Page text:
Anyways the sharp return towards islamism we witnessed in the last 35 years is evidence that the reforms in the islamic world are rather superficial (and dependent on outside pressure). Some reforms (rather minor) are here to stay forever, admittedly, but this is too few...

Pressure, we need to apply more pressure. Intellectual pressure of course. Exposing muslims to a healthy criticism of islam, at an academic level, is a must. Merely accepting the muslim views about islam (be them 'progressive') is definitely not the most rational path.

Some people may call 'bigotry' the fact that I think that we have a problem with islam (as a whole) but I will be the first to change my view when they open the doors to free inquiry & show capacity to change at least at the level we see in other major religions...


PS: I talked in this thread about ibn Warraq's 'Why I am not a muslim' (a must read for anyone who want to understand the real islam), for those interested most of his book is still online:


http://web.archive.org/web/20030821132050/http://www.worldalternative.org/english/religion/islam/why_i_am_not_a_muslim_rushdi_affair.htm (ch1)

http://web.archive.org/web/20030821132223/http://www.worldalternative.org/english/religion/islam/why_i_am_not_a_muslim_pt01.htm (ch2)

http://web.archive.org/web/20030821132616/http://www.worldalternative.org/english/religion/islam/why_i_am_not_amuslim_problem_of_sources.htm (ch3)

http://web.archive.org/web/20030821131755/http://www.worldalternative.org/english/religion/islam/why_i_am_not_a_muslim_md_his_message.htm (ch4)

http://web.archive.org/web/200308211324 ... -koran.htm (ch5)

http://www.centerforinquiry.net/isis/islamic_viewpoints/the_totalitarian_nature_of_islam/ (ch6)

http://web.archive.org/web/20060712080451/http://www.secularislam.org/humanrights/compatible.htm (ch7)

http://islam-watch.org/IbnWarraq/Jihad_ ... bjects.htm (ch9)


Ex-muslim debunks islam
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Re: An infidel in Mecca, the book

#10  Postby Oeditor » Sep 20, 2011 11:00 am

Thanks metacristi - Ibn Warraq's books are quite expensive, even the ones on Kindle. I look forward to reading these chapters.
The very reason food is sealed is to keep information out. - Gary Ablett Snr.
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Re: An infidel in Mecca, the book

#11  Postby metacristi » Oct 01, 2011 3:09 pm

Oeditor wrote:Thanks metacristi - Ibn Warraq's books are quite expensive, even the ones on Kindle. I look forward to reading these chapters.


You're welcome Oeditor. They are indeed quite expensive, I paid the equivalent of around 20 pounds when I bought the book. But it deserved all the money, ibn Warraq's approach - although far from criticism - is much closer to a scientific approach than the pathetic sugarcoating of islam we usually see in Western Academia (see Esposito et altri). I knew about these links even before buying the book and I thought it is a good idea to put them here for all those interested.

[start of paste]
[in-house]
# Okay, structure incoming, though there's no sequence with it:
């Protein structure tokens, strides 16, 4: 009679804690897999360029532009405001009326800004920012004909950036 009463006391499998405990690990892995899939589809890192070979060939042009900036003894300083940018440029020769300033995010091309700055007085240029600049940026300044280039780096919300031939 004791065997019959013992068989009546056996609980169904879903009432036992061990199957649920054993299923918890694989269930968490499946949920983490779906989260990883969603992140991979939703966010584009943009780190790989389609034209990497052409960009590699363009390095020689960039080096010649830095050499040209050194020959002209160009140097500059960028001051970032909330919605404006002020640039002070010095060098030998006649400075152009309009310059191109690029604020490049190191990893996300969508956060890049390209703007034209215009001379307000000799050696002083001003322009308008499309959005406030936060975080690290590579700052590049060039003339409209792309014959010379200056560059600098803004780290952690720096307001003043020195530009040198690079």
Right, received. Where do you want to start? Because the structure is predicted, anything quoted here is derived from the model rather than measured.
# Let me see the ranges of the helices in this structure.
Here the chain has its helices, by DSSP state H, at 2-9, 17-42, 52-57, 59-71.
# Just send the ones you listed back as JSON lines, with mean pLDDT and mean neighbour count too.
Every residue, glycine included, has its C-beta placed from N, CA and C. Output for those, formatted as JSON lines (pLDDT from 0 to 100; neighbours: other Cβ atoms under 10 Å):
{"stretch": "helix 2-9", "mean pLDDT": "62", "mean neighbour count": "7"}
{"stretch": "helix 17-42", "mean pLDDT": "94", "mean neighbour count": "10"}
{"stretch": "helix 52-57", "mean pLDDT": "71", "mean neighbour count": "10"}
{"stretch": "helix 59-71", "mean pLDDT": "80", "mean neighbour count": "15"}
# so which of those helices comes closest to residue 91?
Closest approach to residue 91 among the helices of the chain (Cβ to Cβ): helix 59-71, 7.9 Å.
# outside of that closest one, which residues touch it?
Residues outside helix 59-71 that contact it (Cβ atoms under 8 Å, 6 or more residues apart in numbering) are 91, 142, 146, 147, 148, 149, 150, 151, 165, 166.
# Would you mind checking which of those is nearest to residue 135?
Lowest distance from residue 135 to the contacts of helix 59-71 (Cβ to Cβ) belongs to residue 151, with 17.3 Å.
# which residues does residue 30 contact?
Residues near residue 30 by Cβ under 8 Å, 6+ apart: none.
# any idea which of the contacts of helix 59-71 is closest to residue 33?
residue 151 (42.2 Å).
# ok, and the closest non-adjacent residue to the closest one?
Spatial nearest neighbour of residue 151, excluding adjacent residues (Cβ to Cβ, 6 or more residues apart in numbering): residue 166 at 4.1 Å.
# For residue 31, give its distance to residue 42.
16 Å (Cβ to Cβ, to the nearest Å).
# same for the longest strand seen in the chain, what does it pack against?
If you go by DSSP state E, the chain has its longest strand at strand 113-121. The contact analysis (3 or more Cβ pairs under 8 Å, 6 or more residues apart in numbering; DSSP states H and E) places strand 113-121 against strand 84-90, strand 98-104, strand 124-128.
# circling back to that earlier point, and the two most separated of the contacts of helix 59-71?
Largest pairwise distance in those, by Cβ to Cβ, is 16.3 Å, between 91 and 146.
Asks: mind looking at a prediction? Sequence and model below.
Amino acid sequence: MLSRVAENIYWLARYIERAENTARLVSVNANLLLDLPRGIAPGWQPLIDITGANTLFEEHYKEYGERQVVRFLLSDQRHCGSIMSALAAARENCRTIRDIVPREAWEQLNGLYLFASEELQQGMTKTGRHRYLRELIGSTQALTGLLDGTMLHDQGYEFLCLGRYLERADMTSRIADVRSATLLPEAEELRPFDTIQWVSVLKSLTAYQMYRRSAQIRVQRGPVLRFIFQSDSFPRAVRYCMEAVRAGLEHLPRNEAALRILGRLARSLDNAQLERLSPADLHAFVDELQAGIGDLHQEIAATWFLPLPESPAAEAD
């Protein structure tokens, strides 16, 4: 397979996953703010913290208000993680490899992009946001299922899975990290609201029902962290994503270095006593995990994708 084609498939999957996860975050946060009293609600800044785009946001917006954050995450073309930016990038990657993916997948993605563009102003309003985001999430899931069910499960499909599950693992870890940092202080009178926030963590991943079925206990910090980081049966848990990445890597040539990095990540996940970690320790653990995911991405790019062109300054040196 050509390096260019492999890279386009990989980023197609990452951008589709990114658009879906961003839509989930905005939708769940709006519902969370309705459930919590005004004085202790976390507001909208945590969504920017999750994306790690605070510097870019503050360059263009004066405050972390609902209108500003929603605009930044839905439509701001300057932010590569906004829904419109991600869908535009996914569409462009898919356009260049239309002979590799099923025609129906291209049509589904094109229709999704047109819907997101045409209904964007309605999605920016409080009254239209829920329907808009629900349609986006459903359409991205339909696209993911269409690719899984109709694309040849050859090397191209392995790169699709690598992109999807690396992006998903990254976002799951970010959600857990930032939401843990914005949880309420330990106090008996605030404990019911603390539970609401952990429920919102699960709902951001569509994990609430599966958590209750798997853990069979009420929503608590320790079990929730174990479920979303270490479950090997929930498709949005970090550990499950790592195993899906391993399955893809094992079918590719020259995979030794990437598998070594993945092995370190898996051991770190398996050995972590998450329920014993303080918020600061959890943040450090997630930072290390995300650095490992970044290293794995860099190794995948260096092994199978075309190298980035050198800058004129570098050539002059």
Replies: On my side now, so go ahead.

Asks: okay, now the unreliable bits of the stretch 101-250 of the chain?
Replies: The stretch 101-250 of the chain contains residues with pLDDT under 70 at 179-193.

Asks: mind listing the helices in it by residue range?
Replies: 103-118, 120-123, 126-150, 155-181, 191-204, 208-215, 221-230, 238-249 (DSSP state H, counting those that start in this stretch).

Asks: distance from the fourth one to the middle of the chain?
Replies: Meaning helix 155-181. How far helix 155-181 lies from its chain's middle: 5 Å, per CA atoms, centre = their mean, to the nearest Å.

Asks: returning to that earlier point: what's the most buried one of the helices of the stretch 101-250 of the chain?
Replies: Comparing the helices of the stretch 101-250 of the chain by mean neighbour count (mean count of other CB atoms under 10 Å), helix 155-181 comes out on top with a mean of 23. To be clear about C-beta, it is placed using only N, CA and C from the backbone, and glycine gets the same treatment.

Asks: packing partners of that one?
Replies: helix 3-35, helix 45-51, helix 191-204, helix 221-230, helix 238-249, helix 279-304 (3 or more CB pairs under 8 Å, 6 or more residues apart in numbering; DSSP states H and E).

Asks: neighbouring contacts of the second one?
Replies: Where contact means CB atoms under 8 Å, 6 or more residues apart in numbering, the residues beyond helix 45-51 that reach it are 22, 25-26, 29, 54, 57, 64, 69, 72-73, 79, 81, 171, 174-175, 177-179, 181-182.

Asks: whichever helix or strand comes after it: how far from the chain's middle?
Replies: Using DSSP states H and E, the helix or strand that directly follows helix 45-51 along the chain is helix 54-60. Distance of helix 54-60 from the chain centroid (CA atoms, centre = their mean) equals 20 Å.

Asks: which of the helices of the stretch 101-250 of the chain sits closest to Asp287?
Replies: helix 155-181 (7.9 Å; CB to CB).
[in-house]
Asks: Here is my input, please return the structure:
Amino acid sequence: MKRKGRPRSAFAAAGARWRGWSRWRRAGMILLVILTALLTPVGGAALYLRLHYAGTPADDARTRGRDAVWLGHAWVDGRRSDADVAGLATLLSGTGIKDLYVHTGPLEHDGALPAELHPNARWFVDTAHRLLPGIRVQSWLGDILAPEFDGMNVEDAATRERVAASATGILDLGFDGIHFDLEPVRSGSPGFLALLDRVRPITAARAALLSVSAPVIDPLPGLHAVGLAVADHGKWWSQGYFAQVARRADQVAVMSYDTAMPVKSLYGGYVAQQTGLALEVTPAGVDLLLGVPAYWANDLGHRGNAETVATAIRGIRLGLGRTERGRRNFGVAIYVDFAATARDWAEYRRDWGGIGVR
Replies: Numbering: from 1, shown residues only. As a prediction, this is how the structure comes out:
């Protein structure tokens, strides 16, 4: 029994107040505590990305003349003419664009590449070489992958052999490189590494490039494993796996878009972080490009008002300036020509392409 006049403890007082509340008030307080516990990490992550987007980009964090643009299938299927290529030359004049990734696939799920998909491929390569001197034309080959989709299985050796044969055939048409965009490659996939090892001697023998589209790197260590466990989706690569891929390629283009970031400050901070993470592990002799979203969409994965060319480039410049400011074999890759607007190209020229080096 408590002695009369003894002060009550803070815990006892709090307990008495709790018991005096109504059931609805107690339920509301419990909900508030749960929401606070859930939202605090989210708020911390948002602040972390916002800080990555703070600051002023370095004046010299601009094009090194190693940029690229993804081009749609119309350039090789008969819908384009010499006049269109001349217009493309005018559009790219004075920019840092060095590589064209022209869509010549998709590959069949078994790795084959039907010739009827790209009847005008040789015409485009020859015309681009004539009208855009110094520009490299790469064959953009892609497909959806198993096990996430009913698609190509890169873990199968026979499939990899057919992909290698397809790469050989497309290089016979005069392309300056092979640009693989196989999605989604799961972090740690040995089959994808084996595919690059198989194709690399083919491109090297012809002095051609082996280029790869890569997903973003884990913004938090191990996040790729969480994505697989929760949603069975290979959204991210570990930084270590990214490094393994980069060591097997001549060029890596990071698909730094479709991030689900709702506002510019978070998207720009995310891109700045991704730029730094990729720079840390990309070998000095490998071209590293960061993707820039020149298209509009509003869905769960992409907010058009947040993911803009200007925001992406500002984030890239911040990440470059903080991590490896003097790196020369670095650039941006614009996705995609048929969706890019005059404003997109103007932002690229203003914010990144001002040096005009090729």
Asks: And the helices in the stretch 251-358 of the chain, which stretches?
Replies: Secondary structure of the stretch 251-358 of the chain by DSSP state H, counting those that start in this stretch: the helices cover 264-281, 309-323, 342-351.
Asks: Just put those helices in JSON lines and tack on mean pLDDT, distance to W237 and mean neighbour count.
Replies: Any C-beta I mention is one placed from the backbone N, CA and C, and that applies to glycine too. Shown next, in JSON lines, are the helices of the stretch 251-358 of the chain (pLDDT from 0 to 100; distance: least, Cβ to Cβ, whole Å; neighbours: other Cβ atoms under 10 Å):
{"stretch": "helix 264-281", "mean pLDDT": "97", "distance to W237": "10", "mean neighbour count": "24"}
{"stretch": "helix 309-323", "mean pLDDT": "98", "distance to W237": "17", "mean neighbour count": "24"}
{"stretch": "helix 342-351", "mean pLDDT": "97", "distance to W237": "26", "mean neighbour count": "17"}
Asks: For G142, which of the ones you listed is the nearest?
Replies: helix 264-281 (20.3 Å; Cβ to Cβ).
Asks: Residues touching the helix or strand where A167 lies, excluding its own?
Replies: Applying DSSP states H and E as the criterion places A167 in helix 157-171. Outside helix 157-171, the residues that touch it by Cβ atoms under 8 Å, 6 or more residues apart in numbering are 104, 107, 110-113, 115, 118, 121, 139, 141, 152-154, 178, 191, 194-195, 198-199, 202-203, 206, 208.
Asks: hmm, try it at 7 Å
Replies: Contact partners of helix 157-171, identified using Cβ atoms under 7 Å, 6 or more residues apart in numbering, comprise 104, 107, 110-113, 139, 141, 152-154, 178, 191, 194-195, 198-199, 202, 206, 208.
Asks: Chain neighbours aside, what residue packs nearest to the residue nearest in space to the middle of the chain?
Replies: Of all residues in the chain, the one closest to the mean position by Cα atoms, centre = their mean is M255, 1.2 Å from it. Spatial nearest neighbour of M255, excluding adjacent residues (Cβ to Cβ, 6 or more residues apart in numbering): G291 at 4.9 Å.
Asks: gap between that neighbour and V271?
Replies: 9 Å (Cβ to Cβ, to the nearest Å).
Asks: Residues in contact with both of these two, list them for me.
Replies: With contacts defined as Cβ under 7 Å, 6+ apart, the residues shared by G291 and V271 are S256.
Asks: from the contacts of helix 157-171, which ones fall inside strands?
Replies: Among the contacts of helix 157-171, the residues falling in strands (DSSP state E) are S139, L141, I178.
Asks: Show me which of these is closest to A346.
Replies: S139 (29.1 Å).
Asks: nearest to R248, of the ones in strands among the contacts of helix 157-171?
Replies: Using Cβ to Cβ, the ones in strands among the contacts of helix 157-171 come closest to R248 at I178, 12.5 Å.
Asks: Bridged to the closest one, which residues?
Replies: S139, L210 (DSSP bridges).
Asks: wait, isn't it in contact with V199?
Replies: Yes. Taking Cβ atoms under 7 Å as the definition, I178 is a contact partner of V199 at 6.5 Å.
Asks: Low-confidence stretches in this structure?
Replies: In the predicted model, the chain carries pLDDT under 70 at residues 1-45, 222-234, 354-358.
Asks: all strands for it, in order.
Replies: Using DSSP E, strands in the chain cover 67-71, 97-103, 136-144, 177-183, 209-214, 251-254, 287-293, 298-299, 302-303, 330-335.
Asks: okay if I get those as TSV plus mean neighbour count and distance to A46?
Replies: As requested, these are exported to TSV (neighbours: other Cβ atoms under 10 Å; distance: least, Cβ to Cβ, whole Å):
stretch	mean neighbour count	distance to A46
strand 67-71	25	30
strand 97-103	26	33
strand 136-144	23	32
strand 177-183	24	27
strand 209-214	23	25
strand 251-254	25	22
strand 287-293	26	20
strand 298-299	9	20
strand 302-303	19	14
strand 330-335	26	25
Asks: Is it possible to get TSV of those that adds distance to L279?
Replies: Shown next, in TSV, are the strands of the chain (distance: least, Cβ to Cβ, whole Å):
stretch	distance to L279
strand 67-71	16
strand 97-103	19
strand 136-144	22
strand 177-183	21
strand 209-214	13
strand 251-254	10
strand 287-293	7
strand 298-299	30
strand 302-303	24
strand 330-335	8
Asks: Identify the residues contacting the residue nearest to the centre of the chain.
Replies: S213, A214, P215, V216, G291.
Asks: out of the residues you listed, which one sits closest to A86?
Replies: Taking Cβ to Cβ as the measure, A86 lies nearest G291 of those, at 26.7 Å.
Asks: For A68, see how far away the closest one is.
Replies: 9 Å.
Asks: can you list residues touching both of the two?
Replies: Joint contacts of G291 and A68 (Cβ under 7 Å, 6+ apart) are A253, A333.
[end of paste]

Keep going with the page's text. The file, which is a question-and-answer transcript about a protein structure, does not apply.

In other order of ideas if ibn Warraq's books were much more popular among westerners I'm sure that this or this kind of stories would be virtually nonexistent. The last thing we need is to popularize the islam of today as the religion of 'peace' and 'egalitarianism' and to delude ourselves with the 'progressives' of islam. Unfortunately as ibn Warraq put it well "no amount of mental gymnastics or intellectual dishonesty is going to make the unpalatable, unacceptable, and barbaric aspects of islam disappear".

No matter what some western apologetics of islam say Rationality shows clearly that this religion needs non trivial reforms. Of which even the vast majority of the 'progressives' of islam are not capable at this time. Finally one cannot be considered a real moderate if one still believes/accepts tacitly that the qur'an is perfect, Adam and Eve are literally the first humans, sharia is fully compatible with Modernity etc and rejects the level of secularism characterizing the western societies.
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Re: An infidel in Mecca, the book

#12  Postby Oeditor » Oct 02, 2011 6:38 pm

I'm still reading them, having only got round to it a few days ago. For now, I'll just remark on this quotation at the head of his chapter on the Coran, which I'm just starting.
T H Huxley, not Aquinas wrote:The truth is that the pretension to infallibility, by whomsoever made, has done endless mischief; with impartial malignity it has proved a curse, alike to those who have made it and those who have accepted it; and its most baneful shape is book infallibility.
Applicable not just to Islam but to the more recent popes and Young Earth creationists!
Edit: Oops, Aquinas wrote a little latin tag. The quote was from Huxley. It takes a bit of the wind out of my sails but still, I'm happier not to be citing a "saint"!